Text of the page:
Forgive my fearful sails : I little thought,
You would have follow'd.
Ant.

Egypt, thou knew'st too well,
My heart was to thy rudder tied by the strings,
And thou should'st tow me after): o'er my spirit
The full supremacy thou knew'st, and that
Thy beck might from the bidding of the gods
Command me.
Cleo.

0, my pardon! Ant.

Now I must To the young man send humble treaties, dodge And palter in the shifts of lowness, who

4 Dealt on lieutenantry,] The context seems to show that “ dealt on lieutenantry " here means, fought by proxy, as Steevens supposed.

3 - should'st tow me after :) The folio, “ should'st stow me after."

With half the bulk o' the world play'd as I pleas’d,
Making, and marring fortunes. You did know,
How much you were my conqueror; and that
My sword, made weak by my affection, would
Obey it on all cause.
Cleo.

Pardon, pardon!
Ant. Fall not a tear, I say: one of them rates
All that is won and lost. Give me a kiss;
Even this repays me. We sent our schoolmaster;
Is he come back ?-Love, I am full of lead. -
Some wine, within there, and our viands - Fortune

knows, We scorn her most when most she offers blows.

[Exeunt.

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Enter CÆSAR, DOLABELLA, THYREUS, and others.
Ces. Let him appear that's come from Antony.-
Know you him?
Dol.

Cæsar, 'tis his schoolmaster :
An argument that he is pluck’d, when hither
He sends so poor a pinion of his wing,
Which had superfluous kings for messengers,
Not many moons gone by.

Enter EUPHRONIUS 6.

Approach, and speak.
Eup. Such as I am, I come from Antony:
I was of late as petty to his ends,

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6 Enter Euphronius.] Only called " Ambassador” in the old copies. Euphronius was the instructor of the children of Antony by Cleopatra. The previous stage-direction includes the name of Agrippa, but he does not appear to have been on the stage.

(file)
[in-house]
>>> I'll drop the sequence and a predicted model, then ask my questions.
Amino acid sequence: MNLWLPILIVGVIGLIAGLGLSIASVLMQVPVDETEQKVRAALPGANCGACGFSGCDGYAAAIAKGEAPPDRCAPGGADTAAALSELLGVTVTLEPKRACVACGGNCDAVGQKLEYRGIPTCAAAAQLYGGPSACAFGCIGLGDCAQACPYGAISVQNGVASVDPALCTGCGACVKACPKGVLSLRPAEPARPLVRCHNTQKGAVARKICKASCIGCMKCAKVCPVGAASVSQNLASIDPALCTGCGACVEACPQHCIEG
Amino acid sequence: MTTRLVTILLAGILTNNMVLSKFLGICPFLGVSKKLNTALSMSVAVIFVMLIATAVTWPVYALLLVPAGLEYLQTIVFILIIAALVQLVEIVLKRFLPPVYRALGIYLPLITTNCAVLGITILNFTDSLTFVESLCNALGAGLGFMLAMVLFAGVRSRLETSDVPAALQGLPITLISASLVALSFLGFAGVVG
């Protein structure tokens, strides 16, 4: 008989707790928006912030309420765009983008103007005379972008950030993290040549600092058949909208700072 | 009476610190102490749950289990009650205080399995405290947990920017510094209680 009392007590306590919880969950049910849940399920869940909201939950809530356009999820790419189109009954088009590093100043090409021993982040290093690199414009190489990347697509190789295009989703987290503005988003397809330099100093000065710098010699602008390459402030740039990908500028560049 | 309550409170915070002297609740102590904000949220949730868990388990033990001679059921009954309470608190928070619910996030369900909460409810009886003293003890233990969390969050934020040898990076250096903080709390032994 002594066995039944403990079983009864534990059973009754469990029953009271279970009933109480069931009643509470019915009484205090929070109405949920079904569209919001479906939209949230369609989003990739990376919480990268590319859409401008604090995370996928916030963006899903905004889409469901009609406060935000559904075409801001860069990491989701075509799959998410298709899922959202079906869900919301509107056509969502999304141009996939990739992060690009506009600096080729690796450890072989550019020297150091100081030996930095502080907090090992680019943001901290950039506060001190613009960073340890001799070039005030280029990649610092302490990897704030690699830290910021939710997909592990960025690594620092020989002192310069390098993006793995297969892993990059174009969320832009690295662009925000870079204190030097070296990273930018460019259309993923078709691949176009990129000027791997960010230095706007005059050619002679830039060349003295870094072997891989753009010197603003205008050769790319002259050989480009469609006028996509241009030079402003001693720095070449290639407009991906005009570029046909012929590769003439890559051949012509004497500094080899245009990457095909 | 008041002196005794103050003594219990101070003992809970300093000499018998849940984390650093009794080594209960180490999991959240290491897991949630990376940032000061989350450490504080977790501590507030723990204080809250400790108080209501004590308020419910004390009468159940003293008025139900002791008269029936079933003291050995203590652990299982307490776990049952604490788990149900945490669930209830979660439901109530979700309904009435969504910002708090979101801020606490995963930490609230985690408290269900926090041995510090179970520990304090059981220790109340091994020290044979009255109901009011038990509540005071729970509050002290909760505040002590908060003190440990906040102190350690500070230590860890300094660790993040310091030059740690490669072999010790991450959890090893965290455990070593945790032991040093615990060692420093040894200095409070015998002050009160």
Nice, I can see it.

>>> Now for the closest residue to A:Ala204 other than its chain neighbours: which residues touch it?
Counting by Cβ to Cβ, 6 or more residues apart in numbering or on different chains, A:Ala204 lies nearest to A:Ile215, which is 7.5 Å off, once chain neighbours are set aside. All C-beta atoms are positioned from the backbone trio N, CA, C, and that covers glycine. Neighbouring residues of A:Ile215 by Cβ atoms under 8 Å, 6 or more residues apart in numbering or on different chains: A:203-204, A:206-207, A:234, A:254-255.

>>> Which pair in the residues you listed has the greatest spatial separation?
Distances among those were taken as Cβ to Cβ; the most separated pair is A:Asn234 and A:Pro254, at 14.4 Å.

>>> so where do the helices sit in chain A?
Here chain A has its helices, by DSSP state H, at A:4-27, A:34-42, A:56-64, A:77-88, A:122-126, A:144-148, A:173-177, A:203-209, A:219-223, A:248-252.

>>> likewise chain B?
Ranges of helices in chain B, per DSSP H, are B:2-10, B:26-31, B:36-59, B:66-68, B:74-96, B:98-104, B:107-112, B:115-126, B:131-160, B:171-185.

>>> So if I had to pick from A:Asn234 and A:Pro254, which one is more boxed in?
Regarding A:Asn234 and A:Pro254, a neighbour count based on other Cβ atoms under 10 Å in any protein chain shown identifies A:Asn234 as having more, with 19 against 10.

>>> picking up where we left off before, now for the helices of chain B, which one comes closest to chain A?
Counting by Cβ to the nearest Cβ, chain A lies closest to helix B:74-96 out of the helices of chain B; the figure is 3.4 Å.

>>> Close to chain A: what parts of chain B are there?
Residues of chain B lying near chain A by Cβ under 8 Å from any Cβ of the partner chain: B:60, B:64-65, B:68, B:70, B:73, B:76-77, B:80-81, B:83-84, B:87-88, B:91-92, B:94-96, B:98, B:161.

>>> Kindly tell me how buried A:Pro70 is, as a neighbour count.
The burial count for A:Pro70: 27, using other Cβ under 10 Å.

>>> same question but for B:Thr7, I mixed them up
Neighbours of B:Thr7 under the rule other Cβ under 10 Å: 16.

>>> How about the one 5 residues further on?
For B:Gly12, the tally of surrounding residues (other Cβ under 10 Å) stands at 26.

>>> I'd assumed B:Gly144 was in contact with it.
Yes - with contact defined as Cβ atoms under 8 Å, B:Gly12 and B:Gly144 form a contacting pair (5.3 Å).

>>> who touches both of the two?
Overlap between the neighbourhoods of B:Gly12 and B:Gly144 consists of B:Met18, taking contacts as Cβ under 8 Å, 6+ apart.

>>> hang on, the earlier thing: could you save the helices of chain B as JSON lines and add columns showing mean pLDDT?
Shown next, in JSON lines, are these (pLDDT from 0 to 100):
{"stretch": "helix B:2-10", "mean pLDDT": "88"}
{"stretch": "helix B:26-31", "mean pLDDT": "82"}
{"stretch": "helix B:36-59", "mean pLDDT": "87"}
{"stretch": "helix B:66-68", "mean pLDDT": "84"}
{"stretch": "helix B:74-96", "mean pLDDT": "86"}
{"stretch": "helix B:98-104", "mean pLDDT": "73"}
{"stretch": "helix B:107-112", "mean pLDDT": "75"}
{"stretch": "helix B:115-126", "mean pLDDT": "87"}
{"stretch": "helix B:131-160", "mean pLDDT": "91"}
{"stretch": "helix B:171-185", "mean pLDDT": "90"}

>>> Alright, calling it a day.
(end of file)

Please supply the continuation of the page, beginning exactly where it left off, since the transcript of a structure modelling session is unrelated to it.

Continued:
As is the morn-dew on the myrtle leaf
To his grand sea.
Cæs.

Be it so. Declare thine office.
Eup. Lord of his fortunes he salutes thee, and
Requires to live in Egypt; which not granted,
He lessens his requests, and to thee sues
To let him breathe between the heavens and earth,
A private man in Athens : this for him.
Next, Cleopatra does confess thy greatness,
Submits her to thy might, and of thee craves
The circle of the Ptolemies for her heirs,
Now hazarded to thy grace.
Cæs.

For Antony,
I have no ears to his request. The queen
Of audience, nor desire, shall fail ; so she
From Egypt drive her all-disgraced friend,
Or take his life there: this if she perform,
She shall not sue unheard. So to them both.

Eup. Fortune pursue thee!
Cæs.

Bring him through the bands.

[Exit EUPHRONIUS. To try thy eloquence, now 'tis time; despatch. From Antony win Cleopatra : promise, [To THYREUS.

From thine invention, offers. Women are not
In their best fortunes strong, but want will perjure
The ne'er-touch'd vestal. Try thy cunning, Thyreus”;
Make thine own edict for thy pains, which we
Will answer as a law.
Thyr.

Cæsar, I go.
Cæs. Observe how Antony becomes his flaw,
And what thou think’st his very action speaks
In every power that moves.

Cæsar, I shall. [Exeunt.

Thyr.

i Try thy cunning, THYREUS ;] Called Thidžas, and in the prefixes.